At both 6 and 60 mm/s, addition of BSA to PBS either made no difference or caused slight increase in CoF. This was not unexpected. BSA is a non-glycosylated globular protein and was not expected to either provide boundary or hydrodynamic lubrication. Moreover, albumin has been implicated in interfering with lubricin (PRG4) adsorption on natural cartilage24 and biomaterial25 surfaces. BSA is an abundant synovial fluid protein thus it’s effect was necessary to monitor in our measurements (all lubricant solutions contained 5 mg/ml BSA except PBS controls).

At low speeds, e.g. 6 mm/s, neither hydrodynamic6,7 nor tribohydration26 mechanisms of cartilage lubrication are expected to apply. At this speed in natural cartilage, adsorbed molecules on the cartilage surface provide boundary lubrication. Lubricin (PRG4) is an important glycoprotein bound to the articulating surface of AC, i.e. the lamina splendens. It is anchored in a looped or one-end-free fashion providing boundary lubrication. In addition to PRG4, surface active phospholipids (SAPL) belong to the most researched boundary lubricants27,28,29. As the NP tissue has no lubricating function, NCM, which is simply composed of NP matrix components, was not expected to act as a boundary lubricant. In a previous study investigating the proteomic contents of porcine NC-conditioned medium, PRG4 was not shown to be present30. Also notochordal cell vacuoles are speculated to contain lipids31, but their surface-activity has never reported on. Finally, the mucopolysaccharides present in the NC matrix may also be surface active and give rise to boundary lubrication. However, past studies reported that concentrations as high as 100 mg/ml of chondroitin sulfate was necessary to decrease the coefficient of friction32 whereas in this study the concentration of NCM used would have resulted in only 1.5 and 4 mg/ml of GAGs. Thus, it was surprising that boundary lubrication was NCM’s stronger mode of action, i.e. more than at higher speeds, and some component other than PRG4 would be providing boundary lubrication to the cartilage at these lower speeds. The fact that addition of NCM induced a dose-dependent decrease in CoF would be consistent with its boundary lubricant mechanism. At 4 mg/ml, this effect was similar to HA at a concentration similar to that used clinically for viscosupplementation. Finally, when added to HA, it further decreased the CoF indicating absence of any antagonistic interaction between HA and NCM and perhaps a differing mode of action.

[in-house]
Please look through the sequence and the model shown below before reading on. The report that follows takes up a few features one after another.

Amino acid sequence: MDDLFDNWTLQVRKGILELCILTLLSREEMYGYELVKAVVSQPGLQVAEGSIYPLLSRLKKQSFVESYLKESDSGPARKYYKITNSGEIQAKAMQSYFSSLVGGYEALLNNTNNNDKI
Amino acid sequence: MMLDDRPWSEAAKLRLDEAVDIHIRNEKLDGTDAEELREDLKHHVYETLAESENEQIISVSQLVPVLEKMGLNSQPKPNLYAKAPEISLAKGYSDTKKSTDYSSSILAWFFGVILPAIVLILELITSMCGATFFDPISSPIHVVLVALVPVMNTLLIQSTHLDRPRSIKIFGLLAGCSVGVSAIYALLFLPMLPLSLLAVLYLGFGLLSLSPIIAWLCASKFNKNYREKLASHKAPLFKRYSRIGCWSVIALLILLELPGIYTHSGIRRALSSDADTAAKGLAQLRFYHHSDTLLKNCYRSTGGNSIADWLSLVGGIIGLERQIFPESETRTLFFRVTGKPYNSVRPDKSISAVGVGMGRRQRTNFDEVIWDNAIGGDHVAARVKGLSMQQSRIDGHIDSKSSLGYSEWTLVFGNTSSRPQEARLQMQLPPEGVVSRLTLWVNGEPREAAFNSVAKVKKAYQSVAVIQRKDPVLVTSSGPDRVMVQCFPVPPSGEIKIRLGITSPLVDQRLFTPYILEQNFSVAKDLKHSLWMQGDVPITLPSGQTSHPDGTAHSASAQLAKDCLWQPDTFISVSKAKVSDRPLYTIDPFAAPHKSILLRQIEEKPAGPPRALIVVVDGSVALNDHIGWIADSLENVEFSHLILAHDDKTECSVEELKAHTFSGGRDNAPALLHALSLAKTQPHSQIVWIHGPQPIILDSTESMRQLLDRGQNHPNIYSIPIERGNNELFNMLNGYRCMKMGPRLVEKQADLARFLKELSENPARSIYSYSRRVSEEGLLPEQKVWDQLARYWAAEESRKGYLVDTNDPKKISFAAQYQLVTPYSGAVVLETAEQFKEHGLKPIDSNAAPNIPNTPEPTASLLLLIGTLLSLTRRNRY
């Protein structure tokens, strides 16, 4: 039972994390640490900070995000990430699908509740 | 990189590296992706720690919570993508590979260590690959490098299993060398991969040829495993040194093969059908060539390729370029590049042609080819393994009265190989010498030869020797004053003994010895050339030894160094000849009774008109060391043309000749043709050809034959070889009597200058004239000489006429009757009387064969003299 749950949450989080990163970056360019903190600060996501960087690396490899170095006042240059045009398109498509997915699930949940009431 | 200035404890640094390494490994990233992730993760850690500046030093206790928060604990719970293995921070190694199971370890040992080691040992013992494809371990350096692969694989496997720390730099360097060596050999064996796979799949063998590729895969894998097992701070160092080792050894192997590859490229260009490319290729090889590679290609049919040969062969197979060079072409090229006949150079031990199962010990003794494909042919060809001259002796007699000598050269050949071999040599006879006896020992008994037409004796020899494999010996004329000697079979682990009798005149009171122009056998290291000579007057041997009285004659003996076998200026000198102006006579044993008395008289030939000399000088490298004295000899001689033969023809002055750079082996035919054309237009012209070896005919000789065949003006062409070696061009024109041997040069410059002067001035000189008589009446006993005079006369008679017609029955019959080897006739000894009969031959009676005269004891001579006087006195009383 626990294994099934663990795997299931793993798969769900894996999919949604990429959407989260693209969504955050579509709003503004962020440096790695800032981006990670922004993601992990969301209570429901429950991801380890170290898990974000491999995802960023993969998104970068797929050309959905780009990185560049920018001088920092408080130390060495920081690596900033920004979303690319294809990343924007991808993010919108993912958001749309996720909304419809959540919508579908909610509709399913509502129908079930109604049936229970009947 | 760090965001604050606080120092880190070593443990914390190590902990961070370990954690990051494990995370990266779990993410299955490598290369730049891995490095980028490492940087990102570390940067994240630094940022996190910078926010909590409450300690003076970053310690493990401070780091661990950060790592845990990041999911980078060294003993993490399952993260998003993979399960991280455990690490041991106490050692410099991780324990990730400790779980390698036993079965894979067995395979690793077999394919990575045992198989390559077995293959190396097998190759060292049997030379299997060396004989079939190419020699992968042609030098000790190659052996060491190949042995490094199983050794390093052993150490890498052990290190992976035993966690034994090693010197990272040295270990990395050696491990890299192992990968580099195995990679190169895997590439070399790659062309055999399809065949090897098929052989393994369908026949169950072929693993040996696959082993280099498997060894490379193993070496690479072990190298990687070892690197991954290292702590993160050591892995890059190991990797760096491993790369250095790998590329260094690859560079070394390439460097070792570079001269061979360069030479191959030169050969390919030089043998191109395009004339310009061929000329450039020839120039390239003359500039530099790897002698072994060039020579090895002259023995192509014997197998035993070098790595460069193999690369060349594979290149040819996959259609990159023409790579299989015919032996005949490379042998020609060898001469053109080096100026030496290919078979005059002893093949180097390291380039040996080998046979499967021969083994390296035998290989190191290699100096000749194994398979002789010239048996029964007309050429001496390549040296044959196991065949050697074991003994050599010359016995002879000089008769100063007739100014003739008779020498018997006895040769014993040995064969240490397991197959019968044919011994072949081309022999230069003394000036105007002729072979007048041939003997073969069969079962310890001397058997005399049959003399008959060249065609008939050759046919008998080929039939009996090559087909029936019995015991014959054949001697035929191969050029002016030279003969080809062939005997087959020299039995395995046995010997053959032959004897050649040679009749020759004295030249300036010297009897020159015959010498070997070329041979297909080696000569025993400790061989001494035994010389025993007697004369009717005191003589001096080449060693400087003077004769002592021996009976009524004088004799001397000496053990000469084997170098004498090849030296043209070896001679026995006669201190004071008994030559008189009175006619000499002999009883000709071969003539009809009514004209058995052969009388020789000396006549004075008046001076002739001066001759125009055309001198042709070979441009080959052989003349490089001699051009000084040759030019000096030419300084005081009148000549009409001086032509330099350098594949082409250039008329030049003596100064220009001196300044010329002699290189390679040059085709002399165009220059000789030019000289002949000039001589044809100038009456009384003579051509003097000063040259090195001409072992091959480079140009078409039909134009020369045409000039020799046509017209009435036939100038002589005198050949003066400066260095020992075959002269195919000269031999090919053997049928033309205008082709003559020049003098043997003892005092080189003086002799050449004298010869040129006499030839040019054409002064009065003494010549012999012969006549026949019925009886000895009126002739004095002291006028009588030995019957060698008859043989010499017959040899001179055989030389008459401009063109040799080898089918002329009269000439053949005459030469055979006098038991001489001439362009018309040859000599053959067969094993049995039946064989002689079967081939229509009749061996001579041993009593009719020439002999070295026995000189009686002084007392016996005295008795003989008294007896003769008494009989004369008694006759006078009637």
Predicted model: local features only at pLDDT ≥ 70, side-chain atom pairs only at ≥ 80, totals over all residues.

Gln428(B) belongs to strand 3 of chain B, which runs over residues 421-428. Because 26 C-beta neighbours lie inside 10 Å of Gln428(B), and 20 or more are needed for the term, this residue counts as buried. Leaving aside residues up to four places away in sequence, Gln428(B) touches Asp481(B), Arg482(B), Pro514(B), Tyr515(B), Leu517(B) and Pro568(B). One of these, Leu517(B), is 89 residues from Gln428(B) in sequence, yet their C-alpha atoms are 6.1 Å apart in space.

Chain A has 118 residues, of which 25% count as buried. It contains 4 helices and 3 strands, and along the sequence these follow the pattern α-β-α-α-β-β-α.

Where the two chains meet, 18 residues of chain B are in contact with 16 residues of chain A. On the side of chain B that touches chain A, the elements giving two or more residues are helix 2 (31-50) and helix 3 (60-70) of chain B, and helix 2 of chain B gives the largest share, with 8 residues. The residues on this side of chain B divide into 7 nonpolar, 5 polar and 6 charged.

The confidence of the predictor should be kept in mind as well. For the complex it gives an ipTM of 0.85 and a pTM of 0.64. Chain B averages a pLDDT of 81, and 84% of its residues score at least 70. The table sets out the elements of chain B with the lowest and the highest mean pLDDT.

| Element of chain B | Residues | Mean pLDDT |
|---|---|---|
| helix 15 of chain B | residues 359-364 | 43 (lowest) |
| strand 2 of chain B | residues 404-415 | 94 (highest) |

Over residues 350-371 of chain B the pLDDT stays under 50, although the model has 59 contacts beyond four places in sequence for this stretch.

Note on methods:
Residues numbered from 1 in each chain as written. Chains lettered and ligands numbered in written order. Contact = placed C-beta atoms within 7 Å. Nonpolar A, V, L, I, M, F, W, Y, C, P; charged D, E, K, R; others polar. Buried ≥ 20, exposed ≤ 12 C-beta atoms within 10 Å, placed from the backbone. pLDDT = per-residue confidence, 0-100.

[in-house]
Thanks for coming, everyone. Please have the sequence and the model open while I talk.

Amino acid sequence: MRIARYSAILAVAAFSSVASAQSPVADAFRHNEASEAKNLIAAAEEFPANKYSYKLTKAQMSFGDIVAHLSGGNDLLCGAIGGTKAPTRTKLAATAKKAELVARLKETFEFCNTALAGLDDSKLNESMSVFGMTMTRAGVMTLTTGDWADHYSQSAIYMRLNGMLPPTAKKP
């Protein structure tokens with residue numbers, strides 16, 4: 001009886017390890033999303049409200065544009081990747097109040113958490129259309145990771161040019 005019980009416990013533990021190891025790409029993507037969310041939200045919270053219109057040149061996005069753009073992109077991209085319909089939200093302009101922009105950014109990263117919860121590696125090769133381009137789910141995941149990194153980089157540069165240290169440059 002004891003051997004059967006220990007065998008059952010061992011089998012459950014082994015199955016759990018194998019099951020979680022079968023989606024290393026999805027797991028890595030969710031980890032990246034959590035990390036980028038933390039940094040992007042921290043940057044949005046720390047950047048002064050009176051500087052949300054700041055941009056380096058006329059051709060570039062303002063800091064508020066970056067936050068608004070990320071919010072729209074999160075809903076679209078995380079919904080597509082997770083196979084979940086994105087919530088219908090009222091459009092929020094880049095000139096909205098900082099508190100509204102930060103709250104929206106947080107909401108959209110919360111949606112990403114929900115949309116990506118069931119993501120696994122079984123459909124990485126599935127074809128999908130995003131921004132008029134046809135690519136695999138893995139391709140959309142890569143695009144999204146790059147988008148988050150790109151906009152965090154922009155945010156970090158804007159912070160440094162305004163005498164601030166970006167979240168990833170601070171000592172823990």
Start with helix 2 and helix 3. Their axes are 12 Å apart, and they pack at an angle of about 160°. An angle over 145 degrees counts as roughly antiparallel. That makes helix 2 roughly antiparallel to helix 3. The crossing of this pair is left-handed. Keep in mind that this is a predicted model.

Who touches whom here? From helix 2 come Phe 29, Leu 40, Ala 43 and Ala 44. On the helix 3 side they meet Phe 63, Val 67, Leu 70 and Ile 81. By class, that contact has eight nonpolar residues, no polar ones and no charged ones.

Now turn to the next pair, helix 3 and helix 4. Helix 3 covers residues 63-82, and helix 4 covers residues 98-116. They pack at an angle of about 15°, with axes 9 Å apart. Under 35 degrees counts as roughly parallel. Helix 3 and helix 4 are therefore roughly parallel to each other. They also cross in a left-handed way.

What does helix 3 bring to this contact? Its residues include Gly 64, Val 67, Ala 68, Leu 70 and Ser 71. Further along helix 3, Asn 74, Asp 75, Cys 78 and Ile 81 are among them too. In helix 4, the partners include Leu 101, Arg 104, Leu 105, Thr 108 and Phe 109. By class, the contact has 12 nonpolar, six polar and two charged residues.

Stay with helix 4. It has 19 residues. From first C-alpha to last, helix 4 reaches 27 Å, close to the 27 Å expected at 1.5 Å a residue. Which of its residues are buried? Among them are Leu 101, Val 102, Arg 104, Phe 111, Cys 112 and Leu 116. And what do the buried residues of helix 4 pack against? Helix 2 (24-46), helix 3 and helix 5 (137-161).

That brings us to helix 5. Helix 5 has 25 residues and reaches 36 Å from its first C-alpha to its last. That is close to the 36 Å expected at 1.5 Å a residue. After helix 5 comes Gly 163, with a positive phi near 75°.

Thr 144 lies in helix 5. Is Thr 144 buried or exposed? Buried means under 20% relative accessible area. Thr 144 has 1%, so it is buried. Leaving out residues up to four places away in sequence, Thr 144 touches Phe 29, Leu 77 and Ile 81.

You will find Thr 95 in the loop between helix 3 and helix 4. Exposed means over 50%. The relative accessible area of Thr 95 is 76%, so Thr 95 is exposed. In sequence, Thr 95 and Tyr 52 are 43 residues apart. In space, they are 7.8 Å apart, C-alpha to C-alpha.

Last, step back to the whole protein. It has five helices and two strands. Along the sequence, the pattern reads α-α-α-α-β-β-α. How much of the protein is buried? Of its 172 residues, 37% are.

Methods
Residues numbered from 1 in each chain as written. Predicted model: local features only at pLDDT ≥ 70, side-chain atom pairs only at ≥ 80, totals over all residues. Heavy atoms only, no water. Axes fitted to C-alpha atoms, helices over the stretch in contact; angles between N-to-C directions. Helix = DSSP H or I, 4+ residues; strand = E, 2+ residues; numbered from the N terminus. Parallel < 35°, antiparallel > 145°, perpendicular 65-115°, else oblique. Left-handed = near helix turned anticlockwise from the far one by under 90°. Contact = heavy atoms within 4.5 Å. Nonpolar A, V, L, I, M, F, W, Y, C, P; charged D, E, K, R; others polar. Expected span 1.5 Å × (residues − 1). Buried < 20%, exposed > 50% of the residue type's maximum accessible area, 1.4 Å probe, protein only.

At higher speeds e.g. 60 mm/s, hydrodynamic lubrication, where a wedge of fluid is created when opposing cartilage surfaces slide on each other6,7,33, comes into play, and furthermore, tribohydration26 will become active. This type of lubrication depends, among others, on the viscosity of the trapped fluid. As NCM is rich in mucopolysaccharides30, it might be expected to have some lubricating effects in this fashion. However, during the experiments, it was visually observed that a 4 mg/ml HA solution was more viscous compared to NCMl (4 mg/ml) and even NCMh (10 mg/ml) solutions, and it was doubtful that NCM would be effective. Nevertheless, NCM had a lubricating effect at this test speed, as it reduced the CoF ~55% at 4 mg/ml and ~70% at 10 mg/ml relative to PBS + BSA, even though this was less of a decrease in CoF then that with HA. This could suggest that the lubricating mechanism of NCM at higher speeds may not purely be through its viscosity but also due to other unknown effects. Again, at this speed, the combination of NCMl with HA induced a similar reduction in CoF to HA alone, indicating no antagonism and that this combination may ultimately be applied clinically in order to maximize the lubricating properties while still benefitting from NCM’s regenerative potential.